PHILADELPHIA (CBS) — Wednesday is our 16th annual Alex Scott: A Stand For Hope Telethon. We are proud to partner with Alex’s Lemonade Stand Foundation to raise money and awareness in the fight against childhood cancer.
One of our family members here at CBS3 knows all too well the fear, sadness, worry — all the emotions — of having a child with cancer.READ MORE: Montgomery County Officer Grazed By Bullet During Philly’s 4th Of July Fireworks Feels ‘Lucky’ To Walk Away From Incident
When Caleb Hendricks was 8 years old, he started having terrible headaches. He can still remember the first one.
“I woke up one morning and I had a splitting migraine. I went into my parents’ room and I was like ‘I don’t feel well. I have a really bad headache.’ I ran to the and bathroom and threw up,” Caleb said.
Then, he started having problems with his vision.
“Every time I went to a plate when I was playing baseball, I always saw two balls and I didn’t know which one to hit. I went up to my dad and I was like, ‘Dad, I don’t know which ball to hit.’ And he’s like, ‘What?'” Caleb said.
Caleb was seen by doctors several times, but because he was otherwise healthy, these issues were chalked up to minor illnesses.
“At the beginning, everyone thought it was just a flu or a really bad cold. My mom was like, ‘It’s a brain tumor. 100%'” Caleb said.
Caleb’s mom happens to be our very own meteorologist Tammie Souza. And sadly, she had been through childhood cancer before — that time, as a sibling, having lost her sister to brain cancer when she was just 4 years old. And she was right, Caleb had a grade 1 glioma.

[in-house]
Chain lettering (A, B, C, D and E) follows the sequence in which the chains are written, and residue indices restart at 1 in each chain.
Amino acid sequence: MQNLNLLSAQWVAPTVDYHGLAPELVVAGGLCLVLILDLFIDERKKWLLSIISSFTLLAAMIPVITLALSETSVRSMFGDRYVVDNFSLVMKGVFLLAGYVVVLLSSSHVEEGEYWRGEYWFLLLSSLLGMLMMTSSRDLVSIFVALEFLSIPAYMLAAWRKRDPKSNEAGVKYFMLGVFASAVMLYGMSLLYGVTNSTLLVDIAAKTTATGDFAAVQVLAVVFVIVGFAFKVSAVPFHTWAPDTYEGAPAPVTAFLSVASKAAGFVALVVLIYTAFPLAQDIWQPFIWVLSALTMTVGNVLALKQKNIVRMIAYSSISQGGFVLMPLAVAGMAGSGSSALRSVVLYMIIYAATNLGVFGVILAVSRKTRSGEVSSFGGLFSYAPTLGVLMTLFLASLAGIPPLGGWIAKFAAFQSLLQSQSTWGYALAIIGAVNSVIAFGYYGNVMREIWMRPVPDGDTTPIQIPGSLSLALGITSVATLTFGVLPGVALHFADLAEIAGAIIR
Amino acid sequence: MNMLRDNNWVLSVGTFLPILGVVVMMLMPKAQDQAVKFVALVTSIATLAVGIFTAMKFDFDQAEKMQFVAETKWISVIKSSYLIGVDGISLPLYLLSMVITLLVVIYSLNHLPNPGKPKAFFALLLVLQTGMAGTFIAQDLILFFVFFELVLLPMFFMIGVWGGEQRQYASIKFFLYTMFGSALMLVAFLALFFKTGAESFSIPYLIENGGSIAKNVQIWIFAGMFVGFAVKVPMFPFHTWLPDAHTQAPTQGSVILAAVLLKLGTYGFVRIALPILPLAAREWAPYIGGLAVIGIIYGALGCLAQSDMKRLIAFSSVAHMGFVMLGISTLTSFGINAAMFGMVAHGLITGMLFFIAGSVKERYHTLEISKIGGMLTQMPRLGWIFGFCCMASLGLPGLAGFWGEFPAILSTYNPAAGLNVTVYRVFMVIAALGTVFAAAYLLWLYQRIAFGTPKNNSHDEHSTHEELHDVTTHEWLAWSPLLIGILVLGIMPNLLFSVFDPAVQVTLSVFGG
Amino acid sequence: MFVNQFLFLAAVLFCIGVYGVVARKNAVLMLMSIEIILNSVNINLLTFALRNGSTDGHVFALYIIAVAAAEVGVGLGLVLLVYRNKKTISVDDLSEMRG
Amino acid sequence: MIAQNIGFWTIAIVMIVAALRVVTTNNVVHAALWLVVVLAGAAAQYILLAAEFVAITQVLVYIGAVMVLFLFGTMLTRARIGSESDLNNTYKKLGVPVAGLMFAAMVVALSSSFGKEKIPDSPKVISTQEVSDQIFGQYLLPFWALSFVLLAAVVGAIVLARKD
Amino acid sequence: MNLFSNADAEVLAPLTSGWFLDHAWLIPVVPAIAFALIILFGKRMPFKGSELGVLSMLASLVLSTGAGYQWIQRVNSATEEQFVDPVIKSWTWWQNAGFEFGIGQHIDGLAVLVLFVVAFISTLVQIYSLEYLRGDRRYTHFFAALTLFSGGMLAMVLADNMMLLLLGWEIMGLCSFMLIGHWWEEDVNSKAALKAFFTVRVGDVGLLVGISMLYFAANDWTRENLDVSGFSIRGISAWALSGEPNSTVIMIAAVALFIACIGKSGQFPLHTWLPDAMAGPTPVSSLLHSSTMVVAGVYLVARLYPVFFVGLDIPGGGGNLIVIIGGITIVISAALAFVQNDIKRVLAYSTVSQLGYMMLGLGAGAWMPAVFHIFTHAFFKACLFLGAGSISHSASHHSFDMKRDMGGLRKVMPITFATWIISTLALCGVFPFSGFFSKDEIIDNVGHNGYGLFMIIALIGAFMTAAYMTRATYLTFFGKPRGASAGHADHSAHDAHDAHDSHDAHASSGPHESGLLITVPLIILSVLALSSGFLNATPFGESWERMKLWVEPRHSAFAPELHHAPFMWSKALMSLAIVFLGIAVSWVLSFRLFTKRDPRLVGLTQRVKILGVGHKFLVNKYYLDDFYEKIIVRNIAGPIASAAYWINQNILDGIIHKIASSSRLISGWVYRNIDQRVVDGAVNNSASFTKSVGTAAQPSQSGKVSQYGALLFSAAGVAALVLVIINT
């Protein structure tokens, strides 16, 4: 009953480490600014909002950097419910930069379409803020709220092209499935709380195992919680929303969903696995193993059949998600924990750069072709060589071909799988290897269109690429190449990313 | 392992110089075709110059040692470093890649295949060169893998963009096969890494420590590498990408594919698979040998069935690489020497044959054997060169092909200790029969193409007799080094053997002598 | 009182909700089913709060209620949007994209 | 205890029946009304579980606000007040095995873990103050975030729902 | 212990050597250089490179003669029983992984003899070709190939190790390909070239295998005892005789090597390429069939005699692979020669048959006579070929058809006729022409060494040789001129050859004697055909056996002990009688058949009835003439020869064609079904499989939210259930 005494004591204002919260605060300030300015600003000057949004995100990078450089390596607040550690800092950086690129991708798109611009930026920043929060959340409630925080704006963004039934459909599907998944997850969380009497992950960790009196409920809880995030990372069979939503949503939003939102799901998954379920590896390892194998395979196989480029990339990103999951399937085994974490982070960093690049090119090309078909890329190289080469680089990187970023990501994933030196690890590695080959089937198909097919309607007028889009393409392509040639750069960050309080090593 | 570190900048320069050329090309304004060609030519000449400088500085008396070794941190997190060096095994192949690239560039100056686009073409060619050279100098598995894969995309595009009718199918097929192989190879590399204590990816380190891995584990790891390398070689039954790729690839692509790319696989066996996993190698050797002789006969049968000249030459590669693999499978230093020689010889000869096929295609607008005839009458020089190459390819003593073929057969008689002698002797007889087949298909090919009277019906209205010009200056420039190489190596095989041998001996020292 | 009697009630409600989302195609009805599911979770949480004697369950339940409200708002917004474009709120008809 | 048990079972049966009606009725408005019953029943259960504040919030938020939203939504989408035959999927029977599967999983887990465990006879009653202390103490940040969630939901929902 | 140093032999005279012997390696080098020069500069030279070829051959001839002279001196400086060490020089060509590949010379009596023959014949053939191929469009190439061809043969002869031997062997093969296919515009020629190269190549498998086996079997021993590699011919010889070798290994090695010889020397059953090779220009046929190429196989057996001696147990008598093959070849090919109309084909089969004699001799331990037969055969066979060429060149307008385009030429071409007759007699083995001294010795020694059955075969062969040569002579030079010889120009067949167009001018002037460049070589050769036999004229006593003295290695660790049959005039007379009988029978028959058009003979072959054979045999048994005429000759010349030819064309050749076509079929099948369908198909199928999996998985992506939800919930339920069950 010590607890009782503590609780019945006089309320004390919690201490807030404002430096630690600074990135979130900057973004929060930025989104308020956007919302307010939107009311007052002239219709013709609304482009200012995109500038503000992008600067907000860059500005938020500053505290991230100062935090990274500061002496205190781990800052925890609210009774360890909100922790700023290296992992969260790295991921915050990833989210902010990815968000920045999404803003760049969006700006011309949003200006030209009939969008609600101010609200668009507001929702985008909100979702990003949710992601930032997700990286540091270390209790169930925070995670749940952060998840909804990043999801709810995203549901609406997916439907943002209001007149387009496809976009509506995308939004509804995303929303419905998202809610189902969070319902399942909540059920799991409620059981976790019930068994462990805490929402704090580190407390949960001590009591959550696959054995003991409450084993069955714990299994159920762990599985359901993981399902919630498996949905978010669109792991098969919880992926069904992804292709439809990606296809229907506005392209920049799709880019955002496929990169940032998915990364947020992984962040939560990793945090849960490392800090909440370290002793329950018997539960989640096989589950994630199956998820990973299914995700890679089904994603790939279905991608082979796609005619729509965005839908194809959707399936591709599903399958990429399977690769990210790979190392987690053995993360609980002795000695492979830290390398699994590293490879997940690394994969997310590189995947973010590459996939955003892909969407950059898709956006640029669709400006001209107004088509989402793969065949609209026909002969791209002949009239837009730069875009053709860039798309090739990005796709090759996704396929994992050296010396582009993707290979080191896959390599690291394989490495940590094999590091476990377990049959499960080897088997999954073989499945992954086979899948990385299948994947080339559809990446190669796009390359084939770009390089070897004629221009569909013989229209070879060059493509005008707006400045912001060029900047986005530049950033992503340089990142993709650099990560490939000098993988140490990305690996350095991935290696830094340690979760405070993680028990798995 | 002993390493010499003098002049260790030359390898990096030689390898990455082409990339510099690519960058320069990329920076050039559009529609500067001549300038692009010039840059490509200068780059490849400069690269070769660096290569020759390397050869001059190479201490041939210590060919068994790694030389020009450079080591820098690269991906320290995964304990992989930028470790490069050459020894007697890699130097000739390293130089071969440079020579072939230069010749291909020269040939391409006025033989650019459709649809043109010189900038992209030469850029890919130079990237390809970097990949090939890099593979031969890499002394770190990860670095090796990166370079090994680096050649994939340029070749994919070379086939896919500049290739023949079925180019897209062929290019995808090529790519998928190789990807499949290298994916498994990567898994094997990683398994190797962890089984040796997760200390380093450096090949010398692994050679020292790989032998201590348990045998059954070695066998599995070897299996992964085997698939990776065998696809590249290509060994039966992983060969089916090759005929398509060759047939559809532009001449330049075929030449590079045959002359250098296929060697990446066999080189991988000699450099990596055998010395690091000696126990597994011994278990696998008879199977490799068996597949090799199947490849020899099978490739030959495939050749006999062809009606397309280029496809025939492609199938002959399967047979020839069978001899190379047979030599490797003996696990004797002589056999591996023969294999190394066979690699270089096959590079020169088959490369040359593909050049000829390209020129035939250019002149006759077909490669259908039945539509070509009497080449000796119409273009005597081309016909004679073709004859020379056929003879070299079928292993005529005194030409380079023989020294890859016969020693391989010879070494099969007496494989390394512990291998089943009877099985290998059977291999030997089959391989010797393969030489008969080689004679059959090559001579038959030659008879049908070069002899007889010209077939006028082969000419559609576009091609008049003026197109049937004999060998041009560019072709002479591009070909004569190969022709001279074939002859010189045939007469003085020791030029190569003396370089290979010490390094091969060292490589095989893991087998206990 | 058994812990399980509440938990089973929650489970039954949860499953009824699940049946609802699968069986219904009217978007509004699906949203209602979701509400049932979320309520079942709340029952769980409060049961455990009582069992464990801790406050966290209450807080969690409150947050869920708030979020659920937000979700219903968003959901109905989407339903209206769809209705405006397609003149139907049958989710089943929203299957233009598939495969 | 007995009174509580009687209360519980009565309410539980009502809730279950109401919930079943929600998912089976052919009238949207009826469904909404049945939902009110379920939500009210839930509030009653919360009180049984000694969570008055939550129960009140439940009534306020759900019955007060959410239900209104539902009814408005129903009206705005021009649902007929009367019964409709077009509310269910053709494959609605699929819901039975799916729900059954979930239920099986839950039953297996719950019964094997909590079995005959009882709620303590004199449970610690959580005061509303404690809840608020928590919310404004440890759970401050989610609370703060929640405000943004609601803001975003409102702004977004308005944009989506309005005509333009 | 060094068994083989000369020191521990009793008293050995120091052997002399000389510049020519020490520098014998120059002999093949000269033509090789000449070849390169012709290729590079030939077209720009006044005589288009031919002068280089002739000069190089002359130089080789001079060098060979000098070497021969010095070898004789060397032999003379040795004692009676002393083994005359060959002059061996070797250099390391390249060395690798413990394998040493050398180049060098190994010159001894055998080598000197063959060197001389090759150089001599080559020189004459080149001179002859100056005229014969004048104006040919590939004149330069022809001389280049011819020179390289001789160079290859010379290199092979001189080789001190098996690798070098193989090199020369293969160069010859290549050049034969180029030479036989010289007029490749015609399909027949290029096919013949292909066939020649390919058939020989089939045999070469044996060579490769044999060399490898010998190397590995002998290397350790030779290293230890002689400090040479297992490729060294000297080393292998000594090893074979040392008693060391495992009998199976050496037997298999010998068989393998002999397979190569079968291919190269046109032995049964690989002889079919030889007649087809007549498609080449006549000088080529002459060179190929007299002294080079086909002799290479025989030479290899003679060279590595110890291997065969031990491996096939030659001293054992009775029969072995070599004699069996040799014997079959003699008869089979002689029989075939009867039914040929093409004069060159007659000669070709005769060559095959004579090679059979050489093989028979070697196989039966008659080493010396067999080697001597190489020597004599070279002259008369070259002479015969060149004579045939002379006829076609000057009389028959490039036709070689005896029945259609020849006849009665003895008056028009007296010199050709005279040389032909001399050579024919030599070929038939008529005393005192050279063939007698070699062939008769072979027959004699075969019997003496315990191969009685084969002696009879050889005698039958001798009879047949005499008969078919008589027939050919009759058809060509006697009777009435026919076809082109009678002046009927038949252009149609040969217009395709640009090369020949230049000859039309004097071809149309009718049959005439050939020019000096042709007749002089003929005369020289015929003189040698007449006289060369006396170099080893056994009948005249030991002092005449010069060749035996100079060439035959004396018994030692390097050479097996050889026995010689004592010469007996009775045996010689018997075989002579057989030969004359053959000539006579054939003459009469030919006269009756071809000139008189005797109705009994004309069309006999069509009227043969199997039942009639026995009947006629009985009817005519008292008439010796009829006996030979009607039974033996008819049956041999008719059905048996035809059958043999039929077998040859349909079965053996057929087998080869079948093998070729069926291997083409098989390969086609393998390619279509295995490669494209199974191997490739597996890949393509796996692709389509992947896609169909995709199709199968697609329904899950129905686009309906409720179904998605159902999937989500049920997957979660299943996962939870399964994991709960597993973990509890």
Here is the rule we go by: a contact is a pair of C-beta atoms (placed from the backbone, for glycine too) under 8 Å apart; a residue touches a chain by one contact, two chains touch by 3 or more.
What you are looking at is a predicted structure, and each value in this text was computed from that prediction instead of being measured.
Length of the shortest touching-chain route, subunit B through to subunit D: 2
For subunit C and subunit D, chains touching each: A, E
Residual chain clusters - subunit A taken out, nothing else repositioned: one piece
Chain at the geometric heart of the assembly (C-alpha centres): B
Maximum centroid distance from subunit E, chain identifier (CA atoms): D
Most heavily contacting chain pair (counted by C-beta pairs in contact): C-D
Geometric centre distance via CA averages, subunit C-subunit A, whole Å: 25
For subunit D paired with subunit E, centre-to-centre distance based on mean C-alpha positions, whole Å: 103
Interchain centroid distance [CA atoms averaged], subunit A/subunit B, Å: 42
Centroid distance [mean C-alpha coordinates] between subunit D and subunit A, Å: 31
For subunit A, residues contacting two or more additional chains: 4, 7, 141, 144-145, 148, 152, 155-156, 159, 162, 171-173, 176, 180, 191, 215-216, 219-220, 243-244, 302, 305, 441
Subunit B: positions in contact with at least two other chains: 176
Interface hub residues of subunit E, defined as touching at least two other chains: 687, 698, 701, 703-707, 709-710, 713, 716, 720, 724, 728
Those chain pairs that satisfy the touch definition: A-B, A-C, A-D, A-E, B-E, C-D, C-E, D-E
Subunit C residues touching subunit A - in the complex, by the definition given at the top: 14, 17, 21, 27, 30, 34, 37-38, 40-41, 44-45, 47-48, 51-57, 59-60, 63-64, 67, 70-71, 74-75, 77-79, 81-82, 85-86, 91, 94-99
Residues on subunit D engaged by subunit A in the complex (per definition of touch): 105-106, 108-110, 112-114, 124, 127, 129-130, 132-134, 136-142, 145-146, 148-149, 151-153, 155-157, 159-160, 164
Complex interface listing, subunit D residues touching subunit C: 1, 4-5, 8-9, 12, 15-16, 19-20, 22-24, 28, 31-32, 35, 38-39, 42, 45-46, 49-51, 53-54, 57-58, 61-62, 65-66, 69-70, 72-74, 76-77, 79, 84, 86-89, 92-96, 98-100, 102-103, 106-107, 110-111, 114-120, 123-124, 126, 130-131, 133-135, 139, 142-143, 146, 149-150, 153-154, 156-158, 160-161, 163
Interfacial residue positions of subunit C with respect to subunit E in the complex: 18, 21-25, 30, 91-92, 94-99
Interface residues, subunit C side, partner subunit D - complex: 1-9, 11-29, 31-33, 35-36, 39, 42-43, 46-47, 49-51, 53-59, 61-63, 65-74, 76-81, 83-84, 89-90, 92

“They’re telling me he has a tumor the size of a lemon, even a small orange in the head of an 8-year-old,” Souza said.
Once Caleb was diagnosed, he was scheduled for surgery. But before the surgery could happen, his pain grew unbearable and Caleb coded in his parent’s arms. He had to be resuscitated and rushed into emergency surgery.
“When you’re holding your child and that happens, when that thing goes flat, no we were supposed to be in surgery, what do you mean?” Souza said.READ MORE: All Adoption Fees $5 At Philadelphia PSPCA This Saturday
Caleb remembers bits and pieces of that night but says one thing in particular sticks out in his mind.
“When I was going in and I didn’t know if I was going to come out alive,” he said.
Souza credits the power of prayer and an amazing pediatric neurosurgeon with saving Caleb’s life. She also understands how important it is for families to have support through the hardest time in their lives.
“For us, the support we got made the biggest difference. Which is part of why it’s so important to raise funds. You want the research, you want treatments specific to children, not adults. Because they’re totally different people. Different dosages, different treatments and you want support for families and siblings. I was a sibling that lost my sister and they didn’t have that back then either, which was very difficult,” Souza said.
Caleb is now five years out from his brain surgery and miraculously has no side effects from his tumor.
This experience has brought him and his mom even closer than they were before and able to face whatever life throws at them.
“What’s our motto? At least it’s not a brain tumor,” they both said.
We are so happy Caleb is thriving.
As Tammie said, it is so important for organizations to raise money for research into treatments and cures for kids and to offer support for famlies of children fighting cancer.
Alex’s Lemonade Stand Foundation does all of that and more.MORE NEWS: Philadelphia Zoo Giving Visitors Chance To Feed Giraffes
Wednesday is our 16th annual telethon. Phone lines will be open from 6 a.m. to 8 p.m. but you can donate now here or text “CBS Alex to 44321.